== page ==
But, you know, at some point what I've also seen is that particularly for people who are a little younger or maybe earlier on in their careers, they're afraid to take a position. You're afraid to have conviction as a leader. At some point, you've got to take you've got to instill the confidence in them to have conviction and take a position meaning like, I think this is the best lender for this deal because it's, you know, value add multifamily in the Carolinas. And, you know, I know that they can go higher leverage as opposed to your local or regional bank. And at a certain point, you know, if they're not comfortable enough yet to take that firm position or are looking to me for direction, I need to have conviction based on what I understand, what's going on in the market. You know, everyone that we're talking to from a capital source standpoint and and help them, you know, generate the confidence that, you know, so that one day, hopefully sooner rather than later, they, too, have the conviction to take a position and be better advisors to their clients. 

Ian Group: 

That's really awesome feedback and advice. So walk back to when you were moving into that originations role. Did you was there a point where you were kind of looking for your own voice to have that conviction? 

Matt Weilgus: 

Yes. 

Ian Group:

So tell me about that. How did how did you like what steps did you take to get there? 

Matt Weilgus:

Yeah. So, look, I I've had great mentors throughout my career, both as a lawyer and now as a mortgage broker. One guy who who was played a key role in helping me transition from legal to now the brokerage side is Rob Bernstein, who's our Head of Capital Markets at Mag Mile Capital. Rob's background was a CMBS originator. He was a lender for about 20 years with different institutions on Wall Street before he moved over to the brokerage side. About a year before I did so, he was still relatively new to the brokerage side, but he had a lot of deep capital markets experience.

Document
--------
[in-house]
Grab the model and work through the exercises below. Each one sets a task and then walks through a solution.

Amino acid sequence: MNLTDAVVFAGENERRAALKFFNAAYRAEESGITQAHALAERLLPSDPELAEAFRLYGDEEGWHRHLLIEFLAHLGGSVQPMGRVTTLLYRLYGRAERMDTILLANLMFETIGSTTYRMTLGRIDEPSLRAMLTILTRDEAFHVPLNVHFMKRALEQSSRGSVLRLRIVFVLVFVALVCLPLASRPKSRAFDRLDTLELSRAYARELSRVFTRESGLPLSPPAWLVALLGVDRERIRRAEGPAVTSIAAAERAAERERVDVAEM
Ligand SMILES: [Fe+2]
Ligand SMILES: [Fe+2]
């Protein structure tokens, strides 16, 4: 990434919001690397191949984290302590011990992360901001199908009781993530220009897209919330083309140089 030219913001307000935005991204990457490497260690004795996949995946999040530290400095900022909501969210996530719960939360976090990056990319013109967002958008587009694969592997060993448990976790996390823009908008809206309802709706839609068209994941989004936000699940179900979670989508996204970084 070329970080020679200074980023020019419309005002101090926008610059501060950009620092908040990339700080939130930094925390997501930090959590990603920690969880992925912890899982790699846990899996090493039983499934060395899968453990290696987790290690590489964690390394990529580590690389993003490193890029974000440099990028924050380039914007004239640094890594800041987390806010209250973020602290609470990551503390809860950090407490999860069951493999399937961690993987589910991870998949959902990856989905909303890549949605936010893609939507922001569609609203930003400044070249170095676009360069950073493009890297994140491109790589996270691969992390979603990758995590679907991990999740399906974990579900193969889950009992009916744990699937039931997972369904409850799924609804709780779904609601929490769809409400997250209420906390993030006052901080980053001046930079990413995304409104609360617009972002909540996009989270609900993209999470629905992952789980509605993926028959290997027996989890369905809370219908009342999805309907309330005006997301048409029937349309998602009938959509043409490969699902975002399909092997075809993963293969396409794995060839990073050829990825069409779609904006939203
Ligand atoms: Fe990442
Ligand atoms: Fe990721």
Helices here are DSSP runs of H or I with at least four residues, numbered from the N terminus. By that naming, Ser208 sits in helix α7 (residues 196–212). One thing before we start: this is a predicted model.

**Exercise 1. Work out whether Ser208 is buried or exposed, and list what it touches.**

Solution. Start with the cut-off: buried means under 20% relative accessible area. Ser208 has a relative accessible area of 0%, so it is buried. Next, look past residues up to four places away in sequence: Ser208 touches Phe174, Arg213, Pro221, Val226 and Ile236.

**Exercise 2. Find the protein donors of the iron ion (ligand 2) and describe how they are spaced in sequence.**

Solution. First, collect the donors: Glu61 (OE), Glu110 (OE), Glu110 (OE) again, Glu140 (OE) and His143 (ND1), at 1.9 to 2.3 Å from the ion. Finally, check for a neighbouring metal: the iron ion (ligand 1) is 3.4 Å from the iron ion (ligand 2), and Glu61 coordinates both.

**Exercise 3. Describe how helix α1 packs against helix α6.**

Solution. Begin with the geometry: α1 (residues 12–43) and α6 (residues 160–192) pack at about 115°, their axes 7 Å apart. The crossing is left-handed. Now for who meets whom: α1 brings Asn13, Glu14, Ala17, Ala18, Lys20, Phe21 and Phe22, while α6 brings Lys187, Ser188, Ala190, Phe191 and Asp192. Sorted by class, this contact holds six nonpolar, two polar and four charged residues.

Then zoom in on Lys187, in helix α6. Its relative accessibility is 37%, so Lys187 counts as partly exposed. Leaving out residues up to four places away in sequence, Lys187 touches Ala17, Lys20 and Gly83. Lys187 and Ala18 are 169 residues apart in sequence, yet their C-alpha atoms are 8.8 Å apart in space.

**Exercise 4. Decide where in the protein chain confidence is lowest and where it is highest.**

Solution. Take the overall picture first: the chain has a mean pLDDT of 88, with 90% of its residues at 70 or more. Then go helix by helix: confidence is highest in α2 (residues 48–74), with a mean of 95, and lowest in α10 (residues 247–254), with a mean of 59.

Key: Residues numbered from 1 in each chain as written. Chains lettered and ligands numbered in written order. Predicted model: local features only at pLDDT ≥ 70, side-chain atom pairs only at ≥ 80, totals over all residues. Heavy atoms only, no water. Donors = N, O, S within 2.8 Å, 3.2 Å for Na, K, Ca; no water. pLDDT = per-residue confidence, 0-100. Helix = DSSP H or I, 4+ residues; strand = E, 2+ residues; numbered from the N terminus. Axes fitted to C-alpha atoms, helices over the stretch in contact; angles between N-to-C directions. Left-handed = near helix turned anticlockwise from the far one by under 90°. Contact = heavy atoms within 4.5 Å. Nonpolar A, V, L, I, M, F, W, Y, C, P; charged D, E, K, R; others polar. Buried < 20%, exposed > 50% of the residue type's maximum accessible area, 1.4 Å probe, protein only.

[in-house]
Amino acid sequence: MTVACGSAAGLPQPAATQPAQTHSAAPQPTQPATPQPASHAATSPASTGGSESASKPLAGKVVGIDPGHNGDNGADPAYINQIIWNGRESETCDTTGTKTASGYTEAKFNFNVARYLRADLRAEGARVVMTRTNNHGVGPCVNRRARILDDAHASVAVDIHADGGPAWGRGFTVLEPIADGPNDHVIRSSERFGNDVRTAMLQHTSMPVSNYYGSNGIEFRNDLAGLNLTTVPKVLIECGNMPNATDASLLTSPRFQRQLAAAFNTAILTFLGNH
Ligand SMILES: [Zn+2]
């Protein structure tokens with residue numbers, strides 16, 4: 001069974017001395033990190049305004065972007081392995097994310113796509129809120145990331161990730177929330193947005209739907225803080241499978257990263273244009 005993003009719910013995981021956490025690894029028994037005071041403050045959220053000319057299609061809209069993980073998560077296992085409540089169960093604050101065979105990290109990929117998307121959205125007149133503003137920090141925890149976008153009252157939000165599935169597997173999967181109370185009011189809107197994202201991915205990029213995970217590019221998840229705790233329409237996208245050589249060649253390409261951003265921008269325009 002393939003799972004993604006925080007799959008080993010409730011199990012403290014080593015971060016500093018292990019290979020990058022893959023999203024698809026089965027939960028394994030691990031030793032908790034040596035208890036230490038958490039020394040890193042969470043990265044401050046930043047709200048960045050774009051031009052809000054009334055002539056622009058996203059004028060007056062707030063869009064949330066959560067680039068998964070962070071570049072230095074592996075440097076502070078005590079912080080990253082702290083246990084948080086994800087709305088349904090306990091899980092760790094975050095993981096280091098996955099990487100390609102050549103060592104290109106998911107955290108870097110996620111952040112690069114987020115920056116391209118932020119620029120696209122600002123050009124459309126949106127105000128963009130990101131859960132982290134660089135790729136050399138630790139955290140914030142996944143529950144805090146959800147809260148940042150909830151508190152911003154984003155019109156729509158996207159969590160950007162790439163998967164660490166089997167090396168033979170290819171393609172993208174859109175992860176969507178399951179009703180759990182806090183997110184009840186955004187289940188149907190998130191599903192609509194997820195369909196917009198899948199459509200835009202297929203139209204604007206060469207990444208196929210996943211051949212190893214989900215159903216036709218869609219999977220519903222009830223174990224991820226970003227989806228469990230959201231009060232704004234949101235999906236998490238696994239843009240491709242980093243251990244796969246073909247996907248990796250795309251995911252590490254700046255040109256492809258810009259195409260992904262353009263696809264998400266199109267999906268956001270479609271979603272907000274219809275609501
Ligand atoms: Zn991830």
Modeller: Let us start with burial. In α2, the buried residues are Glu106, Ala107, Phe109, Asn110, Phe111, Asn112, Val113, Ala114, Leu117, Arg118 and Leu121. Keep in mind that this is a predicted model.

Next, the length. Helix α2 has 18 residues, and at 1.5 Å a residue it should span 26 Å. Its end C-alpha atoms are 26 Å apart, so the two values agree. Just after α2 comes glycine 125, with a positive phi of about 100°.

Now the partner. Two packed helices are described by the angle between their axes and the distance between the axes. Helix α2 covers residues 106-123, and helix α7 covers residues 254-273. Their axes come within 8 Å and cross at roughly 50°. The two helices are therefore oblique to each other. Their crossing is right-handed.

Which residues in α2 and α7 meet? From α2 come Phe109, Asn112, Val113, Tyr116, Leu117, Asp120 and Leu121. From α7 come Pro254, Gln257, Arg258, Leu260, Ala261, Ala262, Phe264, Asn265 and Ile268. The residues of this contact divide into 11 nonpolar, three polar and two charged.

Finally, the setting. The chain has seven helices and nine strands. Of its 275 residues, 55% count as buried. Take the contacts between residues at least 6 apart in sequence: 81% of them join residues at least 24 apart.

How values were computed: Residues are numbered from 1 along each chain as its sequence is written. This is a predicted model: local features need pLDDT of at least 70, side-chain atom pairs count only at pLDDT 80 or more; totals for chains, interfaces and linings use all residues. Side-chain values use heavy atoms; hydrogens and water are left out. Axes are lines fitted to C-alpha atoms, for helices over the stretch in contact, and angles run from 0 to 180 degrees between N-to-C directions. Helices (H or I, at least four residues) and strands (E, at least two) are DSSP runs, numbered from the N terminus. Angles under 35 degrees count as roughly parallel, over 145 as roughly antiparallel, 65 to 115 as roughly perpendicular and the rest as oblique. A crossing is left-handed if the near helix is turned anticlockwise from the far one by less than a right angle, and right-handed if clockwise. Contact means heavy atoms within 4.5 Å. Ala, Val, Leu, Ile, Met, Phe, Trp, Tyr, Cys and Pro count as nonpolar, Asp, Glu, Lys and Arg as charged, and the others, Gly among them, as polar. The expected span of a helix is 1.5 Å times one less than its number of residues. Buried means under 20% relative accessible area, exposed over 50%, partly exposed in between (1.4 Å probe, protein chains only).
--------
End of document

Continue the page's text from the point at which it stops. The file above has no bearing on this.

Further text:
He had a vast network which we still rely on as a company. And, you know, he so a lot of it was relying on him and Rushi Shah, our CEO, to get a feel for how to size up a deal, identify which capital sources and the right ones to go to quickly. A lot of that came through reps in osmosis and I was relying on them to have the conviction because at first I was feeling it out. So I think a lot of it just comes through mentorship, experience, not being afraid to ask questions, having the humility to, you know, you might look stupid from time to time, but but if you manage your expectations appropriately internally, right? You know, then you won't look stupid. Because they knew that I was a lawyer who needed to gain some reps on this side of the industry. 

I had a lot to bring to the table, but I didn't do. Exactly what they did for a long time. So I was going to need to ask questions and essentially rely on them to have that conviction. After about a year to 18 months of, you know, being getting enough exposure, getting enough reps, and then about a year to 18 months into the role the pandemic hit. I saw how things were transitioning and I saw, you know, and at that point, I was far enough into the role and far enough into this side of the industry where I, you know, started speaking up more and taking on more of a leadership role, largely thanks to just grinding it out day to day, getting exposure to those mentors and relying on their conviction so that I could get to the point now where I'm the one with the conviction and I'm the one who's knows where to look in the capital markets and how to solve a specific deal. 

Ian Group:

So in terms of finding mentors, how did you do that? Did you just go up to them and say, I'd like to learn from you? Or were you in their office asking questions? So like, what do you do to get a mentor that is willing to teach you like they did?

Matt Weilgus: